ItsOpen was asked to help a major supermarket discover what its customers were saying about the brand online. The work explored what customers were saying and sharing about particular products and services, and what social media tools they were using.
Insights from the project revealed how supermarket customers are using social media in general, as well as what kinds of conversations they are having on what platform.
As in this case, good social media analysis can teach you a great deal about your customers and the data can be used in decisions on brand strategy.
It is relatively simple to set up a Twitter channel, but how do you ensure your Twitter channel achieves your communications and marketing goals?
ItsOpen was commissioned by one of the world’s leading insurance brands to provide insights, practical tips and strategies for how to develop the reach of their Twitter channel.
We shared our best practice with the team and demonstrated how Twitter can be used to:
- Build strong relationships with key stakeholders;
- Help set the news agenda
- Enter into useful conversations with key influencers online
In addition, we looked at how leading companies can use Twitter to:
- Present themselves in a more individual and human way
- Curate relevant news and information for key audiences
- Direct audiences to other online platforms (for example, company sites)
As part of our Twitter best practice work we also provided the team with a bespoke Twitter manual to help embed the key strategies and tactics within everyday practice.
by Justin Hunt
Facebook is going to be presenting to members of the Social Media Leadership Forum on September 29 and everyone here at ItsOpen is really looking forward to the event.
Facebook has transformed social life. The Google model is that information, organizing the world’s information, is the most important thing. The Facebook model is quite different. It stems from the idea that humans maintain mastery over technology – people are the most important thing.
Mark Zuckerberg is an inspiring CEO and clearly cares a lot about using Facebook to build new kinds of bridges to people. Protecting people’s sensitive data and sustaining the enthusiasm of the millions of people who
originally joined Facebook to communicate with their friends remains the consistent challenge.
Members of the forum which ItsOpen set up and runs have already started sending in their questions to Facebook. We thought we would crowd source the questions, so the Facebook team can incorporate them into the session.
Demand for the Facebook event is building – if you are part of a leading organisation (no agencies, sorry) and would like to become a member of the Social Media Leadership Forum so you can benefit from being able to participate in sessions with the likes of Facebook, please contact Simon Welsh (). Simon will be happy to help you with any questions you might have. There are still some spaces left for The Facebook event.
by Rob McLuhan
One of the biggest developments with digital marketing came with the discovery that older folks were getting to grips with the Internet. It seemed a bit quaint at the time: parents and grandparents figuring out how to use email and order online. Whatever next! It didn’t take long for businesses to wake up to this huge new opportunity and stop treating the Internet as a place merely to find the under 40s. After all, it’s the seniors who have the most purchasing power.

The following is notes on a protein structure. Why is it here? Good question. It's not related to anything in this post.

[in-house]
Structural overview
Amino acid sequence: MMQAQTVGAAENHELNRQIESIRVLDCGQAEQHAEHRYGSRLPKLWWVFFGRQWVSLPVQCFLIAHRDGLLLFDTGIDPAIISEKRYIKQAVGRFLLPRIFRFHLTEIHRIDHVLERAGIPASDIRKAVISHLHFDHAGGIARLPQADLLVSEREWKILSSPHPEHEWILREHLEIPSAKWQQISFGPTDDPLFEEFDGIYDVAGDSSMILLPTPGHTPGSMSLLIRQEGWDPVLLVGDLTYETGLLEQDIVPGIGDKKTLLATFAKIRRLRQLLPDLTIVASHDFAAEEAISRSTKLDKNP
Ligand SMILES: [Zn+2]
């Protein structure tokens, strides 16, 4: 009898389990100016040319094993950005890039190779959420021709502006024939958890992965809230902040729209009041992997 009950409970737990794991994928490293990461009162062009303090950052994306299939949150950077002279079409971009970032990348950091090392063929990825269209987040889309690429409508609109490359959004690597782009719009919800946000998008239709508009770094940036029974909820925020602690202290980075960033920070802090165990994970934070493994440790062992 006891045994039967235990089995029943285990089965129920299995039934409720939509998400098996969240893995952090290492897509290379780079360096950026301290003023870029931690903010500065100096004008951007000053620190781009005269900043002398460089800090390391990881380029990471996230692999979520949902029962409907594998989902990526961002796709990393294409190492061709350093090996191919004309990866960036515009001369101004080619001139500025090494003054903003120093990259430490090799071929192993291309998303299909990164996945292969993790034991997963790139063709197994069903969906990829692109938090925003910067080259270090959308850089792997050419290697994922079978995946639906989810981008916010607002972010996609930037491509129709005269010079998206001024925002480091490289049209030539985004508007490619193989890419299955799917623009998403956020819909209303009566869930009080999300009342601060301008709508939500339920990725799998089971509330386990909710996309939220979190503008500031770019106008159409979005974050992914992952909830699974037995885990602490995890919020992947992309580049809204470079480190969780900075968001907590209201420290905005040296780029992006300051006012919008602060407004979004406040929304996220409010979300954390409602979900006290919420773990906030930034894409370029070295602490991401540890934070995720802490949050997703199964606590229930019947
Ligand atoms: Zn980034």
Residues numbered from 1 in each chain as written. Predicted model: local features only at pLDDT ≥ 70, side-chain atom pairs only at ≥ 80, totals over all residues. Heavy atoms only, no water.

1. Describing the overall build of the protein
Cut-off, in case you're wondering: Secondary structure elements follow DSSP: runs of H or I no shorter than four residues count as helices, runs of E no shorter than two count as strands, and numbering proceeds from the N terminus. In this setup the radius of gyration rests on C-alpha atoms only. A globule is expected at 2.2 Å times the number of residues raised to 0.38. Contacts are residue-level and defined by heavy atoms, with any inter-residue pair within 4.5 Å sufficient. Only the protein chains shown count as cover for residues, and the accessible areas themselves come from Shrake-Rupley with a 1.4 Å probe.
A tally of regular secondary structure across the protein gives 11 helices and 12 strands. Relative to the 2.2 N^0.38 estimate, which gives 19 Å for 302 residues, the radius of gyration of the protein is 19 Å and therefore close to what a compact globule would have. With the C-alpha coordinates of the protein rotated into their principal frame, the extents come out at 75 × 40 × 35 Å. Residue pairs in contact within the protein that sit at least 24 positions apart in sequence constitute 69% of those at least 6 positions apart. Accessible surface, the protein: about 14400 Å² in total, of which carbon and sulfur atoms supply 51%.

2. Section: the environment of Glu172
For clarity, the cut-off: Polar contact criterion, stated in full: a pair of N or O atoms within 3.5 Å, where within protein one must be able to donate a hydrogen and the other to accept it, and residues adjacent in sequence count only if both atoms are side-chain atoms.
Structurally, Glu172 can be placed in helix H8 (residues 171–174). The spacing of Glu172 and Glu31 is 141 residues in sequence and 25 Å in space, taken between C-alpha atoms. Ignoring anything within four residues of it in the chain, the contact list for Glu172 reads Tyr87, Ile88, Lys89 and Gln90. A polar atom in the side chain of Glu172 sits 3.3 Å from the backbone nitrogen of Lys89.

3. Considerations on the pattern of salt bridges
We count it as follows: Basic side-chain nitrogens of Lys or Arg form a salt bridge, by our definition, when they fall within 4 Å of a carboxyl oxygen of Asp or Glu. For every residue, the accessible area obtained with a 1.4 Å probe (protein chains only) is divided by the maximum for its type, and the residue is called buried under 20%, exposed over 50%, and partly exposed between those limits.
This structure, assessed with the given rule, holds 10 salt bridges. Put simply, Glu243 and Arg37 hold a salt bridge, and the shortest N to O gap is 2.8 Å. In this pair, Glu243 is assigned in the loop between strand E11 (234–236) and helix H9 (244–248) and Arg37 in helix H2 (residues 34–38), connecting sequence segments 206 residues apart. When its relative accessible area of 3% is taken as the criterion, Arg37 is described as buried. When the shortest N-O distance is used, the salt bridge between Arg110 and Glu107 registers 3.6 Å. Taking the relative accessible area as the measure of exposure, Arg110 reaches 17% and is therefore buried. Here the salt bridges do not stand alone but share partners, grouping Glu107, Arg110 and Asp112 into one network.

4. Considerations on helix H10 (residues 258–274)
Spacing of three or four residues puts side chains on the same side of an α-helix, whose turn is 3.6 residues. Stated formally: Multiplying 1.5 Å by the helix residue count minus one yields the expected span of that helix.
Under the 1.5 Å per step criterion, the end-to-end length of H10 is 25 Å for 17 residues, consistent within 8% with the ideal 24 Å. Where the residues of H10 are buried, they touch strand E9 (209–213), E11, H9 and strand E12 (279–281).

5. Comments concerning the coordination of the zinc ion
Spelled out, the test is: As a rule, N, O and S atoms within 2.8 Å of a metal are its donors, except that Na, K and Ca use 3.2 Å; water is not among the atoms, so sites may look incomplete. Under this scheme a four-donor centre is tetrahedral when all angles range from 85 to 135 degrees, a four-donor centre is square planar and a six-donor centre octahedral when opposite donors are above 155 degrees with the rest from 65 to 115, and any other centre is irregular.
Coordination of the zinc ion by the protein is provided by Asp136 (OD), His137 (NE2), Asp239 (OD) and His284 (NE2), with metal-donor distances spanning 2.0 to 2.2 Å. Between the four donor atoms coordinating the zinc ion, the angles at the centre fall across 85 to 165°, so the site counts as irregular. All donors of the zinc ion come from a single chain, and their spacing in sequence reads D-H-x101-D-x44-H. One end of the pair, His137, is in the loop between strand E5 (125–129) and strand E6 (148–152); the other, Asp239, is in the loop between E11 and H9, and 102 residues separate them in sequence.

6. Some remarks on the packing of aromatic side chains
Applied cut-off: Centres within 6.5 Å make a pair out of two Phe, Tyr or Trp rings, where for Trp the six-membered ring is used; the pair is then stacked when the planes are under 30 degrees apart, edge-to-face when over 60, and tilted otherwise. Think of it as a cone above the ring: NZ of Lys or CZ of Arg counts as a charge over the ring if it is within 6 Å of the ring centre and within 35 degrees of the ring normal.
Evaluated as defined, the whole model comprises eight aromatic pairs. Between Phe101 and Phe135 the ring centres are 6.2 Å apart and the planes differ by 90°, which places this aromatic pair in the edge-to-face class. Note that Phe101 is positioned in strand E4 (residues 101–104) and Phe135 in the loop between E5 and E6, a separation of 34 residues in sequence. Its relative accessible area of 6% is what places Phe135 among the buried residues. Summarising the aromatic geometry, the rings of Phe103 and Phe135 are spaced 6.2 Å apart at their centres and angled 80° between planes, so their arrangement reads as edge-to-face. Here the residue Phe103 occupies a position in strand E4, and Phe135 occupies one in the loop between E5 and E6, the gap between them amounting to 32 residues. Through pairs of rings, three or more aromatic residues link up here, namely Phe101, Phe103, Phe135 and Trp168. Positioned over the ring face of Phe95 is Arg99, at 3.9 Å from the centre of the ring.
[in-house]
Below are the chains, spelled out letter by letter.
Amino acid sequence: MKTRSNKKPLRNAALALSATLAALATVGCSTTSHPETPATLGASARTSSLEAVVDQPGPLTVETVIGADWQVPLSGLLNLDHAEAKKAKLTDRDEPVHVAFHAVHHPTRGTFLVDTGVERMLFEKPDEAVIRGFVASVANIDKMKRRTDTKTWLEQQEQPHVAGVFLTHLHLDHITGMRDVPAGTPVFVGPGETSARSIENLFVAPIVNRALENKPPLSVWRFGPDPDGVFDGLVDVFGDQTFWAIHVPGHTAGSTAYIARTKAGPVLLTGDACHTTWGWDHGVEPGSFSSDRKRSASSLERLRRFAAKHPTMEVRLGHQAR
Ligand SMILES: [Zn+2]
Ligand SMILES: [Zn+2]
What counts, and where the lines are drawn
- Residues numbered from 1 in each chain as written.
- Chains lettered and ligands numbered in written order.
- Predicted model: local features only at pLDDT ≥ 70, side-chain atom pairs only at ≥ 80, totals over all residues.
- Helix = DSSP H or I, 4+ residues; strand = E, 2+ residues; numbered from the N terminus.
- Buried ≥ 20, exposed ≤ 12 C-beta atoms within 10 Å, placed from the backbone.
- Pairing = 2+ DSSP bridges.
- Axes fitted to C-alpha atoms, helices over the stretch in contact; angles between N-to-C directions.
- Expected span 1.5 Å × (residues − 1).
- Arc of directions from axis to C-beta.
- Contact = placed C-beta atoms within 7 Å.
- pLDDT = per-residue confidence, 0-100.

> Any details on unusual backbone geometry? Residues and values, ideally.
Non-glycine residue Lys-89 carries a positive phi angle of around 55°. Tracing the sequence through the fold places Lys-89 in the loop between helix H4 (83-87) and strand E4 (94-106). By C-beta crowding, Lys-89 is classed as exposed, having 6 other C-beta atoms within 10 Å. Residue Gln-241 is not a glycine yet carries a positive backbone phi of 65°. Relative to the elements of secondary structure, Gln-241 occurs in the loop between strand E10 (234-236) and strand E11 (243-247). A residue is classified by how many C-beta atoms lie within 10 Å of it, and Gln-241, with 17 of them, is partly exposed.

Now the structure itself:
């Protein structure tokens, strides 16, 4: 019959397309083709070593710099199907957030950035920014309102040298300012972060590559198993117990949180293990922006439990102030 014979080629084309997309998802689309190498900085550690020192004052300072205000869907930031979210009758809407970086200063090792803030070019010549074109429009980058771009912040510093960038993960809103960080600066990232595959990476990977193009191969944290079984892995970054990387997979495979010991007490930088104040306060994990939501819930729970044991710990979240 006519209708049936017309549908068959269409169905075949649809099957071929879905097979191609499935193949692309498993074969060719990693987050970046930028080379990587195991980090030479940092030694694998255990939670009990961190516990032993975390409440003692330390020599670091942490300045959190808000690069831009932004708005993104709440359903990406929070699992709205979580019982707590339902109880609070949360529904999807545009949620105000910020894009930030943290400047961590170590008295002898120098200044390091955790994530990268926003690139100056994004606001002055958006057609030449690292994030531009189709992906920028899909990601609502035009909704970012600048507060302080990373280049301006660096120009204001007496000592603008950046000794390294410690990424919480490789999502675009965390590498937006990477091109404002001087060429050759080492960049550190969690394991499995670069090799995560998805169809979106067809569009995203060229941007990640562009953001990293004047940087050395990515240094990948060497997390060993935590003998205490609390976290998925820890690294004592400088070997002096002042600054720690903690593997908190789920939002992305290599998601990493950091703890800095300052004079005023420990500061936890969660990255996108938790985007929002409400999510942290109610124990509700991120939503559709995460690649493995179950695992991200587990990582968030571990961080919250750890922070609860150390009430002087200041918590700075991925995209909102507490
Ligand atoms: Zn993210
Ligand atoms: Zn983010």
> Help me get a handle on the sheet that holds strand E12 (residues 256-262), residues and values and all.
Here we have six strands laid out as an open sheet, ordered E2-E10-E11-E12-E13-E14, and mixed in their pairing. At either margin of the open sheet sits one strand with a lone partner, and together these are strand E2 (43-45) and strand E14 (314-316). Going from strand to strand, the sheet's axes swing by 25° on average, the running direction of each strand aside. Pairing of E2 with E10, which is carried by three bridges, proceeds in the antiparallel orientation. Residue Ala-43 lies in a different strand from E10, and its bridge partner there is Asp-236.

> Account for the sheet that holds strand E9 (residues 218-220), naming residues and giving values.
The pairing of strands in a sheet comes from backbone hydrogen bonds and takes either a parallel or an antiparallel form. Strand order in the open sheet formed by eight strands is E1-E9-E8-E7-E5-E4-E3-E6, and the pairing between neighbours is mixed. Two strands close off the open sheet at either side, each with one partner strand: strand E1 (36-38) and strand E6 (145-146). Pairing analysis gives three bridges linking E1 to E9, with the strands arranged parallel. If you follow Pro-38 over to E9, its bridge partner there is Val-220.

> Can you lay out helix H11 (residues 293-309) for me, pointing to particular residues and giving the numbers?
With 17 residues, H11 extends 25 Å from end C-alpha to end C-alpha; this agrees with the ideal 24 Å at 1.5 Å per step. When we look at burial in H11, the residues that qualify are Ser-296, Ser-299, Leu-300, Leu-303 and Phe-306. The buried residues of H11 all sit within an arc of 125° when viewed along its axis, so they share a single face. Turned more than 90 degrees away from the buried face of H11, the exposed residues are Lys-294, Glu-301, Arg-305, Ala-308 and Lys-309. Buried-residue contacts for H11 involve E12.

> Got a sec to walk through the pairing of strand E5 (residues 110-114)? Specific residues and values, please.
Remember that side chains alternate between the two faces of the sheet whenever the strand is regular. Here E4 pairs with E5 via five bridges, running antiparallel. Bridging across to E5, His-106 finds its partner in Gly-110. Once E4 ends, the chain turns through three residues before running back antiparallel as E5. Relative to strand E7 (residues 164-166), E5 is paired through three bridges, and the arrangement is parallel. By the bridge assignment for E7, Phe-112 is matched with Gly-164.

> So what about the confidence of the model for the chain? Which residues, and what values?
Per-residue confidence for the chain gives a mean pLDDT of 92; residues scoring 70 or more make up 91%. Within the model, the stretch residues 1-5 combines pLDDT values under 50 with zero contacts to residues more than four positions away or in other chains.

So it’s interesting to see the first real signs of a similar shift with social media, a medium long associated with young people. Pew’s new survey suggests that older adults are now the largest growing demographic for use of social media: social networking use among internet users aged 50 and older soared from 22% in April 2009 to 42% in May 2010. More specifically, the number aged 50-64 using social networking sites grew 88%, and doubled for the over 64s.
Email is still the main form of communication for older users, the report notes, but there is a definite shift towards social media as a way of keeping in touch.
Could this affect the way that younger people use social media? They might not be so uninhibited about revealing their innermost thoughts and doings if Mum and Gran start joining in. Possibly, but this is a fast developing medium anyway, and who knows how it will look in two or three years time. In the meantime, the growing presence of the older generation in social media can only make it more attractive to businesses as a way to maintain dialogue.
Read tmore details here.
With Facebook giving users ever more room for customisation on their Pages, businesses can now take advantage of the option to sell their goods through Facebook. One of the largest payment process apps for the pages is Payvment. This lets you feature your products for visitors and fans to purchase directly.
Payvment has recently announced a new export tool, allowing Etsy sellers to upload all their products up onto their chosen fanpage. The process should be a popular one considering the number of Etsy and Folksy sellers now embracing social media as a promotional tool. It’s not a bad move for Etsy too, giving them a wider customer base and an edge over similar handmade marketplaces.
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One of the greatest advantages of a decent social media strategy is having an army of fans who can sing your praises and recommend your products and services to their friends, family and followers.